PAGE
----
Medication Monitor

Generic Name (Trade Name—Company)
August 28, 2018


First-of-its-kind monoclonal antibody treats hereditary angioedema

FDA approved lanadelumab, the first monoclonal antibody approved in the United States to treat patients aged 12 years and older with types I and II hereditary angioedema (HAE).

HAE is a rare and serious genetic disease that affects an estimated 1 in 50,000 men and women with low levels of and poorly functioning C1-INH proteins. This results in recurrent, unpredictable episodes of severe swelling in different areas of the body, including the stomach, limbs, face, and throat.

Type I is the most common and accounts for 85% of cases. Symptoms of HAE typically begin in childhood and worsen following puberty. Some patients may have many attacks each month, while others will go months without an attack.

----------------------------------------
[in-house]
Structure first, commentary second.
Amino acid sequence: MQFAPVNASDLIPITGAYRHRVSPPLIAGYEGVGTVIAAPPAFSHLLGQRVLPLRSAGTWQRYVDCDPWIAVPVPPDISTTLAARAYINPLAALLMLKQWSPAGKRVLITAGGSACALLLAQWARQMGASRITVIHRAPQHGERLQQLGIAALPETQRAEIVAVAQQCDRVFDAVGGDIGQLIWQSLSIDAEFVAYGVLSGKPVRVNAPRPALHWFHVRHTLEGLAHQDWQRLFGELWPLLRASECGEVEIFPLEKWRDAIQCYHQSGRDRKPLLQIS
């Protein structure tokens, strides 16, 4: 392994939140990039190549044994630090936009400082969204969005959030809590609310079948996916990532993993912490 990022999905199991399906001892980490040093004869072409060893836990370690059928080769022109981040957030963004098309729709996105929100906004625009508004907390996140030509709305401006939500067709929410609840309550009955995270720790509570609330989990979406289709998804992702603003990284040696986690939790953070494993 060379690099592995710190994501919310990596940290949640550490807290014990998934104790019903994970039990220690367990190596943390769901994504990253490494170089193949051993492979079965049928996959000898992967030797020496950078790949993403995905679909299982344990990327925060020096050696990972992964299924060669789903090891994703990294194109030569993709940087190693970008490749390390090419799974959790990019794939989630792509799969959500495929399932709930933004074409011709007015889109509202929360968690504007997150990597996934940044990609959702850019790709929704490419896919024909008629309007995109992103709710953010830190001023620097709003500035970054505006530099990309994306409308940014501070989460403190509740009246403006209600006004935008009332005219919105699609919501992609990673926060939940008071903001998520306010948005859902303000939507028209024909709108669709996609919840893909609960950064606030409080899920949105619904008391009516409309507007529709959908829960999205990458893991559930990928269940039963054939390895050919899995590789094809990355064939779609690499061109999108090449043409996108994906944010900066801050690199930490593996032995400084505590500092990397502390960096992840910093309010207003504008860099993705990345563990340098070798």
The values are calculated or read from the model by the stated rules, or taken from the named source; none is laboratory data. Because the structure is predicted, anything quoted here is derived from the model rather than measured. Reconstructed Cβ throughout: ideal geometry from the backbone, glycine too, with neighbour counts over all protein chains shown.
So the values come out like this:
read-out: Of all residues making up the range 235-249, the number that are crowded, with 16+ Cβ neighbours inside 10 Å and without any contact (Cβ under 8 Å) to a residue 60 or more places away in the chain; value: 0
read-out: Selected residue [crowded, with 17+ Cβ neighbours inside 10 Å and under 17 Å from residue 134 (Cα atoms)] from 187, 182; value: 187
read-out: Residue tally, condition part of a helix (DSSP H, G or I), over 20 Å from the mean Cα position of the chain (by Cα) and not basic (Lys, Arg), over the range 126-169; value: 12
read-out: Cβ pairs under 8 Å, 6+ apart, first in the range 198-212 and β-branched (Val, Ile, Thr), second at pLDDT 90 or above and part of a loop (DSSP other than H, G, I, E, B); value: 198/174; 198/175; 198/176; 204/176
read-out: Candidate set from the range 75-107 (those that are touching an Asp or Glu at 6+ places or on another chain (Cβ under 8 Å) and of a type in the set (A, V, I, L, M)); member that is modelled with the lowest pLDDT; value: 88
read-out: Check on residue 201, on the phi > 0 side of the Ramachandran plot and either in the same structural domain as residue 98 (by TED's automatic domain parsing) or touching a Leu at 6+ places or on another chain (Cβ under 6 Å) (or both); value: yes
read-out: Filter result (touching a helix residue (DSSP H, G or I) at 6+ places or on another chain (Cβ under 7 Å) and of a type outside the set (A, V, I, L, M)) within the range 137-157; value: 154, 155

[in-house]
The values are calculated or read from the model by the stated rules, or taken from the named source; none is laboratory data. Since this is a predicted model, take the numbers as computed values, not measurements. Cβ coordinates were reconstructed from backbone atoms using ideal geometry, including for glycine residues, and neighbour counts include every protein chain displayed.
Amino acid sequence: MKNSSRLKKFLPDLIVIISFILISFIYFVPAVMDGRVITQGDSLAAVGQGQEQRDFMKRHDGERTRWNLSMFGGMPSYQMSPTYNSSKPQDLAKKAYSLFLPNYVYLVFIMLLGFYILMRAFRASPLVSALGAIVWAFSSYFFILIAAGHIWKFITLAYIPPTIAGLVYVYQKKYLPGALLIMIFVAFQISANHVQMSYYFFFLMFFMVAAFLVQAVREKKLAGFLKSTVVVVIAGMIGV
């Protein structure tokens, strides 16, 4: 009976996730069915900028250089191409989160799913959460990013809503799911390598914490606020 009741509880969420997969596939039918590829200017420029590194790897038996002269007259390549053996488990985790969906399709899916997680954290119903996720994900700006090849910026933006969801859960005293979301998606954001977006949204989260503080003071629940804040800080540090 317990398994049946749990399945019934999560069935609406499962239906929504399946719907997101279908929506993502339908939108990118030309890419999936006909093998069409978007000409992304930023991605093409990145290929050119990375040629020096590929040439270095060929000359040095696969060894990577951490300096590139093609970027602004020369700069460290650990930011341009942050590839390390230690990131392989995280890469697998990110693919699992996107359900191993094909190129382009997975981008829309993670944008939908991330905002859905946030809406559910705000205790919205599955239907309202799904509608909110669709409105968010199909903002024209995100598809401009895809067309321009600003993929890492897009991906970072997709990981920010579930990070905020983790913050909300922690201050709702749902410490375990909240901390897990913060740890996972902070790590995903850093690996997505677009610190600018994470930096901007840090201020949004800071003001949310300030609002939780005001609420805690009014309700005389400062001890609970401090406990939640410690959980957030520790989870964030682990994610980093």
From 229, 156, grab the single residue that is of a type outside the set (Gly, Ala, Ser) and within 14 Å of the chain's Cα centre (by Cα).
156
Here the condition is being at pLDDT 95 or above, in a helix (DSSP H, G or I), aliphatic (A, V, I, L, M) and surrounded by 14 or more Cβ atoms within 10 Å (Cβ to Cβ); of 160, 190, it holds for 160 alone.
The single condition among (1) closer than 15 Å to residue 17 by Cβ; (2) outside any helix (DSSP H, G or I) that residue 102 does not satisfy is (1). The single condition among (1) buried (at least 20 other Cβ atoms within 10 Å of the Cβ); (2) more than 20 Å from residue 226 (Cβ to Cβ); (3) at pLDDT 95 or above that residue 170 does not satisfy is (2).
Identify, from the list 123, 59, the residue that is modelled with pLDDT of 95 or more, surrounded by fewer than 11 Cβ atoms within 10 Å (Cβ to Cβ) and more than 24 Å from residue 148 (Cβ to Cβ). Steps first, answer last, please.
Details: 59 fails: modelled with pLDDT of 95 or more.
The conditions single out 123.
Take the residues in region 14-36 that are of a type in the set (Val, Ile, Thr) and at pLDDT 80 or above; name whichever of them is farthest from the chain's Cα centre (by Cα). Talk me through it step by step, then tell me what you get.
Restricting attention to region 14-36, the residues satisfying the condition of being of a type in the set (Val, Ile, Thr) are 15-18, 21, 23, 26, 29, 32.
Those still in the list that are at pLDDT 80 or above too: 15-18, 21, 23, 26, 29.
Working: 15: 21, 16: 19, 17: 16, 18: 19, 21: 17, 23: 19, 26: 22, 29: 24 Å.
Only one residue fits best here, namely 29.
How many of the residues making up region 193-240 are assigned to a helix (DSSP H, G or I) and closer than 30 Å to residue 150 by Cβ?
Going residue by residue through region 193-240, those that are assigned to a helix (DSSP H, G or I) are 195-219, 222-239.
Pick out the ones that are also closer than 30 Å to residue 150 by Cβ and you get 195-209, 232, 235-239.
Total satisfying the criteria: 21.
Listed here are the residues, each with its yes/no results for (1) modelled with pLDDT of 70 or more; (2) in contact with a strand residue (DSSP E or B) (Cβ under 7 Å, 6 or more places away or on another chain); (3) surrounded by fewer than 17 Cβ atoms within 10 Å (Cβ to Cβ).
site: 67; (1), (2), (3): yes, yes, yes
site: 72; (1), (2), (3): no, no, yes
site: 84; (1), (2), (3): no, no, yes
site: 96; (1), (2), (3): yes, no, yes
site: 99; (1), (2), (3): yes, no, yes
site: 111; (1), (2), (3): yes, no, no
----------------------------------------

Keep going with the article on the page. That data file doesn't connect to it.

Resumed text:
FDA based its approval on data from a multicenter, randomized, double-blind, placebo-controlled, parallel-group study in 125 patients with HAE. Patients who received lanadelumab had clinically meaningful and statistically significant reductions in the rate of investigator-confirmed HAE attacks compared with placebo over a 6-month treatment period.

The most common adverse reactions in clinical trials were injection-site reactions, upper respiratory infections, headache, rash, muscle pain, dizziness, and diarrhea.